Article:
According to our mortgage expert partners, the “base rate” is not the only factor that influences the interest rates offered to borrowers. Competition between lenders remains fierce and some banks have more money than they can handle to the point of being, in fact, more constrained by their ability to process new mortgage applications than by their desire to lend. . As underlying interest rates rise, not all of these increases are being passed on to borrowers at this time.
The option exists at the moment to “lock” your rate for a longer period of time at attractive rates and give you a level of certainty at an uncertain time
We’ve handpicked Scotland’s best mortgage advisers and experts to guide our buyers in this area. If you are considering buying and are concerned about potential interest rate increases, please write to us and we will arrange an introduction to these experts for a free initial consultation.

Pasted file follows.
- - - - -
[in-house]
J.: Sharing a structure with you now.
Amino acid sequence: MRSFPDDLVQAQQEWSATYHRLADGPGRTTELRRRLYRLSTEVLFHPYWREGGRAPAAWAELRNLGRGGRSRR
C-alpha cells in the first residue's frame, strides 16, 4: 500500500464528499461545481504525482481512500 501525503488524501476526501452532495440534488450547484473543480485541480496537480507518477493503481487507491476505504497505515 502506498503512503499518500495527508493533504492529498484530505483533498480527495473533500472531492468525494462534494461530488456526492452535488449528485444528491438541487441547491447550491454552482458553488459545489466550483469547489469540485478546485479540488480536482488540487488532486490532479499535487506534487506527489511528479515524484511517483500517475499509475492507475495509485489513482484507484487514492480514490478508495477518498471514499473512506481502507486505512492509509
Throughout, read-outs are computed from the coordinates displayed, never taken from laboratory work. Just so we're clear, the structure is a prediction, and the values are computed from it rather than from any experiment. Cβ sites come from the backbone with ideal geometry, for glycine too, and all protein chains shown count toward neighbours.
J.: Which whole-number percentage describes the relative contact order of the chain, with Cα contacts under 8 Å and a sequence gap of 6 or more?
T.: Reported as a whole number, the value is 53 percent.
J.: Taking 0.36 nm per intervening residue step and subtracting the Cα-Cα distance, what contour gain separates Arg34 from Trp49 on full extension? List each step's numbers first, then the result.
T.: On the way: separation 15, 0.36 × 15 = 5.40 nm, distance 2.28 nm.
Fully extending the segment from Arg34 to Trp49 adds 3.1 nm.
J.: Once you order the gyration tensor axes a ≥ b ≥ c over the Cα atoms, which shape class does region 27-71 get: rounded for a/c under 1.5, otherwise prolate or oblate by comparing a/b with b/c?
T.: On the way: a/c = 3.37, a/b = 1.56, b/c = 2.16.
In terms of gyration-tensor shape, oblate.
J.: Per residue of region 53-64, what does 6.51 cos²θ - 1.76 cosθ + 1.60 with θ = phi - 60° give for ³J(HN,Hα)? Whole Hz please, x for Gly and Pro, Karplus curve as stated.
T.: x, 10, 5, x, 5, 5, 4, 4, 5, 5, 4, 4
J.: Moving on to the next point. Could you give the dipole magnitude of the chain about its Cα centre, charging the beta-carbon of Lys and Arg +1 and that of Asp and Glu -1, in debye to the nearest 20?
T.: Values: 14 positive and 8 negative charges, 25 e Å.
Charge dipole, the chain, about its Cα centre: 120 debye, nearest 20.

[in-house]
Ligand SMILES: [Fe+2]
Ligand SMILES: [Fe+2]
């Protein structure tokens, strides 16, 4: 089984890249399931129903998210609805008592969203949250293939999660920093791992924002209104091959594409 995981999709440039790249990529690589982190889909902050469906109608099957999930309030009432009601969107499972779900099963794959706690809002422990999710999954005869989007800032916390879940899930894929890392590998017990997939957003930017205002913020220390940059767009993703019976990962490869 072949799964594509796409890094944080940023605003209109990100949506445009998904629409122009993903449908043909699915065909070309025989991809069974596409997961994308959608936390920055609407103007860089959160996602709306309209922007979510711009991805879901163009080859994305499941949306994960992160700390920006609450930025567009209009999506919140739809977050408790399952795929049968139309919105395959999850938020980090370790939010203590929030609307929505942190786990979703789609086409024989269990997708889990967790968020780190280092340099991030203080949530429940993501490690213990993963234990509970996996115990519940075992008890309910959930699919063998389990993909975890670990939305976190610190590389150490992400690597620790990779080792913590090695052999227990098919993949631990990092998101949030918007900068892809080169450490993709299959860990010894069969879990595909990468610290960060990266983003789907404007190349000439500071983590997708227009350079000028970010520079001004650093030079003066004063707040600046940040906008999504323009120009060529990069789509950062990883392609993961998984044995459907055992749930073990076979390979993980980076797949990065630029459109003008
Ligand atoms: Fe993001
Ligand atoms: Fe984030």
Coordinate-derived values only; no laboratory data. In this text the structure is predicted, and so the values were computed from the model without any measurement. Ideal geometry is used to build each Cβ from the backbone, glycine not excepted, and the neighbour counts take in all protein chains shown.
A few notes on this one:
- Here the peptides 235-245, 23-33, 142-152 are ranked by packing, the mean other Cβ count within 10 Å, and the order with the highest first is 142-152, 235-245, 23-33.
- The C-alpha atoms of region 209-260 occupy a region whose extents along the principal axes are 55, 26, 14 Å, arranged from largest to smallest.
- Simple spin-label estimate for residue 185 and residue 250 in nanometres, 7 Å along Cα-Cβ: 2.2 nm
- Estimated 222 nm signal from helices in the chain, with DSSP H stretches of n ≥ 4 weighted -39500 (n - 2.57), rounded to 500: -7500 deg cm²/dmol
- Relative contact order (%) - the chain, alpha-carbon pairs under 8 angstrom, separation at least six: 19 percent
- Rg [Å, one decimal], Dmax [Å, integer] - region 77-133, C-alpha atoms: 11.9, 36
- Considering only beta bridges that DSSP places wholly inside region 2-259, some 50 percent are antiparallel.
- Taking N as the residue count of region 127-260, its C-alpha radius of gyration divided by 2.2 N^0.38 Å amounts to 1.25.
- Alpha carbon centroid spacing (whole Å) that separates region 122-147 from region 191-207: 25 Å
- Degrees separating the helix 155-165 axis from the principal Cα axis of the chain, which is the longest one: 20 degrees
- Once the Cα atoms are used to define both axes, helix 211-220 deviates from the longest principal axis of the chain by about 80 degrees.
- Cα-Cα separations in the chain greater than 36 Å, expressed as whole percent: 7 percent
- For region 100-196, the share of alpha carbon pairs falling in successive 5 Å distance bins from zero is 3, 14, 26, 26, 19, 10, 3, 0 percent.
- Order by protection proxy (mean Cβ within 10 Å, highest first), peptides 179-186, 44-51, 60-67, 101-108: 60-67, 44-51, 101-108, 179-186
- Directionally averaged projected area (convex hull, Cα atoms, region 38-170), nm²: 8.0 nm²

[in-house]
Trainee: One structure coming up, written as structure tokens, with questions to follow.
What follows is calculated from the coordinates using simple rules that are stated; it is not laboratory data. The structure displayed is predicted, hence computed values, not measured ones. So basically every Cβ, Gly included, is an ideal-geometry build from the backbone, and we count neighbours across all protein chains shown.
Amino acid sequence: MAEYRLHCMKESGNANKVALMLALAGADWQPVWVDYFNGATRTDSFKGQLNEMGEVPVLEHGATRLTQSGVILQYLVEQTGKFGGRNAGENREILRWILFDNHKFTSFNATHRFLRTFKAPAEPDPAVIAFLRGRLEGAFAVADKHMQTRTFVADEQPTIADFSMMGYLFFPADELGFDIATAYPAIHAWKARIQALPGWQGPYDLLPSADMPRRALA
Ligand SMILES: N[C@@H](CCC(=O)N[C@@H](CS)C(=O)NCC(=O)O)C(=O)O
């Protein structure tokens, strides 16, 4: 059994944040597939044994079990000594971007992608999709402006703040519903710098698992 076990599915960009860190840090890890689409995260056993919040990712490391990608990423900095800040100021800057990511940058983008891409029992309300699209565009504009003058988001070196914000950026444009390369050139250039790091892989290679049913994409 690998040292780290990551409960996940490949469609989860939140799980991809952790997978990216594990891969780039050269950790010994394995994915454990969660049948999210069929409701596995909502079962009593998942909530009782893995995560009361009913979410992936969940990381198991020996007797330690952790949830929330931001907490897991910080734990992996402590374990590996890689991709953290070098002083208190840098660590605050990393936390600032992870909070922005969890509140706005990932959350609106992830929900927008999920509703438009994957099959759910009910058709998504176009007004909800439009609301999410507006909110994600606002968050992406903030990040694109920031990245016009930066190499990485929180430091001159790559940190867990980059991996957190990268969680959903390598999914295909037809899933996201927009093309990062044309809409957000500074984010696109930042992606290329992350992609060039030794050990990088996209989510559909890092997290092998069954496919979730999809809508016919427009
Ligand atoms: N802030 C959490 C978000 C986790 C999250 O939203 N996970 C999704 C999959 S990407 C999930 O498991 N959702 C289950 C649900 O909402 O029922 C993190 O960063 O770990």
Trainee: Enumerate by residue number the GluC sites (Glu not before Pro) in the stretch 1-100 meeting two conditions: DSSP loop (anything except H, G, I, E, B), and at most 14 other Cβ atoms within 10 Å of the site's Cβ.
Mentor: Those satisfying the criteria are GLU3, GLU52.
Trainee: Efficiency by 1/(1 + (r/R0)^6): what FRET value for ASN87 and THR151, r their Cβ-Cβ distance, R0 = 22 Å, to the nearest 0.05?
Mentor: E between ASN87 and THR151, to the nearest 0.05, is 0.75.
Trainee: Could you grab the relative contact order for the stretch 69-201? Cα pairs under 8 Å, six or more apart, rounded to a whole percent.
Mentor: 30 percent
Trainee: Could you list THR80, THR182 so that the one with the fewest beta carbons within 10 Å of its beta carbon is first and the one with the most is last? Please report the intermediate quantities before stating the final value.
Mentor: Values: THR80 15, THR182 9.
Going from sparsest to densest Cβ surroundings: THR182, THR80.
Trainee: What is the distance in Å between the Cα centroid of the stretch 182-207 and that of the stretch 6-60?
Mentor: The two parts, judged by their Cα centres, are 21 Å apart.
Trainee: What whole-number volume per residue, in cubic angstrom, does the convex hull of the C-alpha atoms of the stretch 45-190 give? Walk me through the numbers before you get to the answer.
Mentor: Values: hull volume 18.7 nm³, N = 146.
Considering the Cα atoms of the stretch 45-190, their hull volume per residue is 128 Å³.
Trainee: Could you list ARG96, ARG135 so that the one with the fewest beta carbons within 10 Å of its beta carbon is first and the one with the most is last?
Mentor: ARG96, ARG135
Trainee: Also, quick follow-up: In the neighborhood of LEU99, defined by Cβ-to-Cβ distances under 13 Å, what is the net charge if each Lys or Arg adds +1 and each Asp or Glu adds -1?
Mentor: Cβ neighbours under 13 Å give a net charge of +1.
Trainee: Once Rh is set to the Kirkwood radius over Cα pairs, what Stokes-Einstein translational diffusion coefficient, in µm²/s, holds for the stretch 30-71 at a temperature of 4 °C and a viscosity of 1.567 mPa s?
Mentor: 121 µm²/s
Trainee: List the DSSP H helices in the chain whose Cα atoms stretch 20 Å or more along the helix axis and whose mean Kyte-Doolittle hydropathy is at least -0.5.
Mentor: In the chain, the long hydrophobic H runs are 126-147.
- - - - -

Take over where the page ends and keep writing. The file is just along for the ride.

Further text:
What the numbers tell us
The latest provisional UK House Price Index statistics show that the average price of a property in Scotland in March 2022 was £181,415, an increase of 8.0% from March 2021. previous month, house prices in Scotland remained essentially unchanged (a decrease of 0.05%) between February 2022 and March 2022.
The average UK house price was £278,436, an increase of 9.8% from March 2021 and an increase of 0.3% from the previous month.
Residential sales volume in Scotland in January 2022 was 7,181, down 5.0% from the initial preliminary estimate for January 2021 and up 4.7% from January 2020.
Rightmove reported that the price of goods coming onto the market hit a fourth consecutive high of £367,501, up 2.1% per month (+£7,400). Average asking prices have risen by more than £55,000 in the past two years, compared to an increase of £6,000 in the two years before the pandemic.